We Need A Draft to Have a Reasonable Debate about Our Wars
George Washington wrote at the end of his Presidency: It may be laid down as a primary position, and the basis of our system, that every Citizen who enjoys the protection of a free government, owes not only a proportion of his property, but even of his personal service, to defense of it.
Benjamin Franklin said much the same thing though a bit differently two decades earlier at the beginning of our future nation’s discussions over going to war against the British Empire. There is nothing like the thought of being hung to focus the mind.
The issue at the heart of both statements is identical. Not to have some kind of personal involvement and even risk in issues of war and peace is to allow a kind of indifference or recklessness to enter the discussions that does not serve any real national purpose and is sure to end in both political confusion and personal tragedy.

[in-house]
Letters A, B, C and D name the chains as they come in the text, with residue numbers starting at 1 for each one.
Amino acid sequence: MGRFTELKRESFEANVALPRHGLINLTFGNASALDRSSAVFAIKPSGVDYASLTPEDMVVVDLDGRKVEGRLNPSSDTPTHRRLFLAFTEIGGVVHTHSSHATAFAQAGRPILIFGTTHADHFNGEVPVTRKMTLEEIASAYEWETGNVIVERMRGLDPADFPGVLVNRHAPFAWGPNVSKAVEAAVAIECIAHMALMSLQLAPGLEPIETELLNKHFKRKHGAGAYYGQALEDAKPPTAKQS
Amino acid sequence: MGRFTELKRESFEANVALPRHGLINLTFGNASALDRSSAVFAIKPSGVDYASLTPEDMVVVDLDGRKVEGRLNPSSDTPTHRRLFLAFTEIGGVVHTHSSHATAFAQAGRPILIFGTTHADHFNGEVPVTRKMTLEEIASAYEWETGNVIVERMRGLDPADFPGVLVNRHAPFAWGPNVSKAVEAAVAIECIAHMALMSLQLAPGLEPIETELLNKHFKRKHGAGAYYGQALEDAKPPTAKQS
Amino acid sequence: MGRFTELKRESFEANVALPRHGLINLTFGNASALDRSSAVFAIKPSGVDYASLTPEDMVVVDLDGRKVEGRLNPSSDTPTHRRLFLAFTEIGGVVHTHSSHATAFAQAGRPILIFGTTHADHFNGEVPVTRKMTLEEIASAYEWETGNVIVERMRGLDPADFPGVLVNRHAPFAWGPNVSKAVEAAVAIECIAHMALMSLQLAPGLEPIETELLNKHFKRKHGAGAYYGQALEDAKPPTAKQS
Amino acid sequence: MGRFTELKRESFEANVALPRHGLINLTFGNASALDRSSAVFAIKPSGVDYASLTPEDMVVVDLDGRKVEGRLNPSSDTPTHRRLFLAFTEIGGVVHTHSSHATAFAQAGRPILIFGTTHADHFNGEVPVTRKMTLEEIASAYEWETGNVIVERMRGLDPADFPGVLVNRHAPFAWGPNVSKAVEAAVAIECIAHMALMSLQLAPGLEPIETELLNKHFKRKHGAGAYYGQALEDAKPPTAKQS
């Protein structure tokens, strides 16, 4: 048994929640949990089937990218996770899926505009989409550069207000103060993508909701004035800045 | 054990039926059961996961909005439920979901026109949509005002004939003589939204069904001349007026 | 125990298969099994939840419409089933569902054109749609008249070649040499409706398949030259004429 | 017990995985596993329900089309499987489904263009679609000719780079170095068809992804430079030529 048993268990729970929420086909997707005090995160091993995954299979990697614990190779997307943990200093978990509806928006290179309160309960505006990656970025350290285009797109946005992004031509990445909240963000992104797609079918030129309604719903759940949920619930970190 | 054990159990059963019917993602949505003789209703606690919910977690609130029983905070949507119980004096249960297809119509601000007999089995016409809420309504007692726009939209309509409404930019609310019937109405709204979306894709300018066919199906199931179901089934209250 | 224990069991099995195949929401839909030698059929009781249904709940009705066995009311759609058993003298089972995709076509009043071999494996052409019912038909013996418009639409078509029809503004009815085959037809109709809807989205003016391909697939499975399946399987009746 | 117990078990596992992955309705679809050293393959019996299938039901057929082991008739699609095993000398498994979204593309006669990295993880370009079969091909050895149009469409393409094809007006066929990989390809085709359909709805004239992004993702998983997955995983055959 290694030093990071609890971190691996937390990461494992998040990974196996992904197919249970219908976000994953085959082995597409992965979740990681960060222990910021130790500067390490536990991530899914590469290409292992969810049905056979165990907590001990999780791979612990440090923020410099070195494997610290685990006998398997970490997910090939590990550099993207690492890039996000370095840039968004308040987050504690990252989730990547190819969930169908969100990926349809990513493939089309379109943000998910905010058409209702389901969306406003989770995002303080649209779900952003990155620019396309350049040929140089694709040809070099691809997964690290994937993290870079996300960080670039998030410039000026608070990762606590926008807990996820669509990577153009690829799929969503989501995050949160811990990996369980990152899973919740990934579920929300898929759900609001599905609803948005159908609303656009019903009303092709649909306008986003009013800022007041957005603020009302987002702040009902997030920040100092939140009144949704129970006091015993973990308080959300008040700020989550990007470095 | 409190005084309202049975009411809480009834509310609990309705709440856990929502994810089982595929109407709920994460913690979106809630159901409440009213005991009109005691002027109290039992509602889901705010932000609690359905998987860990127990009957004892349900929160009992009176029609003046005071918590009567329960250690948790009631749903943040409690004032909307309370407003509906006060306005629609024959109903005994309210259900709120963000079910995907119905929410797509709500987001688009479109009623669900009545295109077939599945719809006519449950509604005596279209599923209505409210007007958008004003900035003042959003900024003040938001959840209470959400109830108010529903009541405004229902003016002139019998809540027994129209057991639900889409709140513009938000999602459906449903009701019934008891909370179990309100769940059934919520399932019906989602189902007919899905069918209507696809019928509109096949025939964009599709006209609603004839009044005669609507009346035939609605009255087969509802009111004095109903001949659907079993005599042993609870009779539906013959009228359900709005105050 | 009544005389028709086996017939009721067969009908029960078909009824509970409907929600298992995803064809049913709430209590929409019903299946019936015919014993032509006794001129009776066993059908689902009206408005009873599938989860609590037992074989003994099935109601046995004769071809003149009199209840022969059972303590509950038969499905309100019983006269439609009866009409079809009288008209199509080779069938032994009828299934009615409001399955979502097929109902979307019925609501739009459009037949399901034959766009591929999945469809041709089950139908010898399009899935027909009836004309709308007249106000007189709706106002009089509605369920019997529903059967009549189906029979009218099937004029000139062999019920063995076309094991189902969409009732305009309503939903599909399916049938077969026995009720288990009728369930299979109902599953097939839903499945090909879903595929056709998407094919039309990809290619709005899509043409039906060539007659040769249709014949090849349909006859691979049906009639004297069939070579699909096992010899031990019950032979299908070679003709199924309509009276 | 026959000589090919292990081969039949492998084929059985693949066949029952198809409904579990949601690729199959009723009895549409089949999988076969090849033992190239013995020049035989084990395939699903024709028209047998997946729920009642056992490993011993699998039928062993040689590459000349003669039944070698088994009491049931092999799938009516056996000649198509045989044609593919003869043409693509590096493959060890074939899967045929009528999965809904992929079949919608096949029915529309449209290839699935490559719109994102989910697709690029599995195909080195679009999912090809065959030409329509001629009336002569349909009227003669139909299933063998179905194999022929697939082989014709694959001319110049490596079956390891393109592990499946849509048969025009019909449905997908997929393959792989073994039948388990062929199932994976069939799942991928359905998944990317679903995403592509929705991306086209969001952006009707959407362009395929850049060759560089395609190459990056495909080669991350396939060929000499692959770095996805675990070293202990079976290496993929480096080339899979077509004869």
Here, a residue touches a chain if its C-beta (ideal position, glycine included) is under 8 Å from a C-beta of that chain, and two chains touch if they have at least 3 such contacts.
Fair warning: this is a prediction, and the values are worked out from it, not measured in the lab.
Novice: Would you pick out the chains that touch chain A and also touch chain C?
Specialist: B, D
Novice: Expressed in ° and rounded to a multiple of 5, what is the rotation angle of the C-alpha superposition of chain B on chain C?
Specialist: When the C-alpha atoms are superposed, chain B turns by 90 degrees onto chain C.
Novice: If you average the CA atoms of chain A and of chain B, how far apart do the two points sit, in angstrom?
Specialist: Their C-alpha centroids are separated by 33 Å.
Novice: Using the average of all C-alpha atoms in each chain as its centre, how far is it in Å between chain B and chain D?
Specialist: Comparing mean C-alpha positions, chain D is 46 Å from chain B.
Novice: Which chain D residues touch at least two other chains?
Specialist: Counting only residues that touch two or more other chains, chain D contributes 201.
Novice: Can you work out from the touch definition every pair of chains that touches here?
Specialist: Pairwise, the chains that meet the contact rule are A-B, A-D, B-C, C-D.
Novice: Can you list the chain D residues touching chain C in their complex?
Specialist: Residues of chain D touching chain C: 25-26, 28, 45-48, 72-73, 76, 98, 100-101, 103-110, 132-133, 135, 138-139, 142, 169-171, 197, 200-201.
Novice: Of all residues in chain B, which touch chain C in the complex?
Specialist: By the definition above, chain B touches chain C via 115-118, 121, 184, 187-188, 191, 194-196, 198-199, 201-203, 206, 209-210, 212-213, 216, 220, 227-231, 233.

Decisions of going to war without the majority of a nation being willing to actually fight result in what can only be called “political wars”, wars that are not fought for national security, but wars that are put into place for political or policy reasons rather than out of real necessity. These political wars, usually trumpeted by political hacks, offer only vague reasons for committing our armed forces, where any kind of winning is always hard to define and ultimate victory is presented as some kind of distant far-off illusion. Because there is ultimately nothing important at risk, these wars are what politicians can offer up as wars that can be fought on the cheap. While real wars of necessity end in military victory or military failure, political wars usually end by everyone losing interest. Eventually, the tedium and casualties and the loss of treasure become too great to ignore, and the wars are simply abandoned and closed down while everyone pretends it wasn’t all that important. Or that none of it ever really mattered much anyway.
Read more about our wars in Broken Bodies / Shattered Minds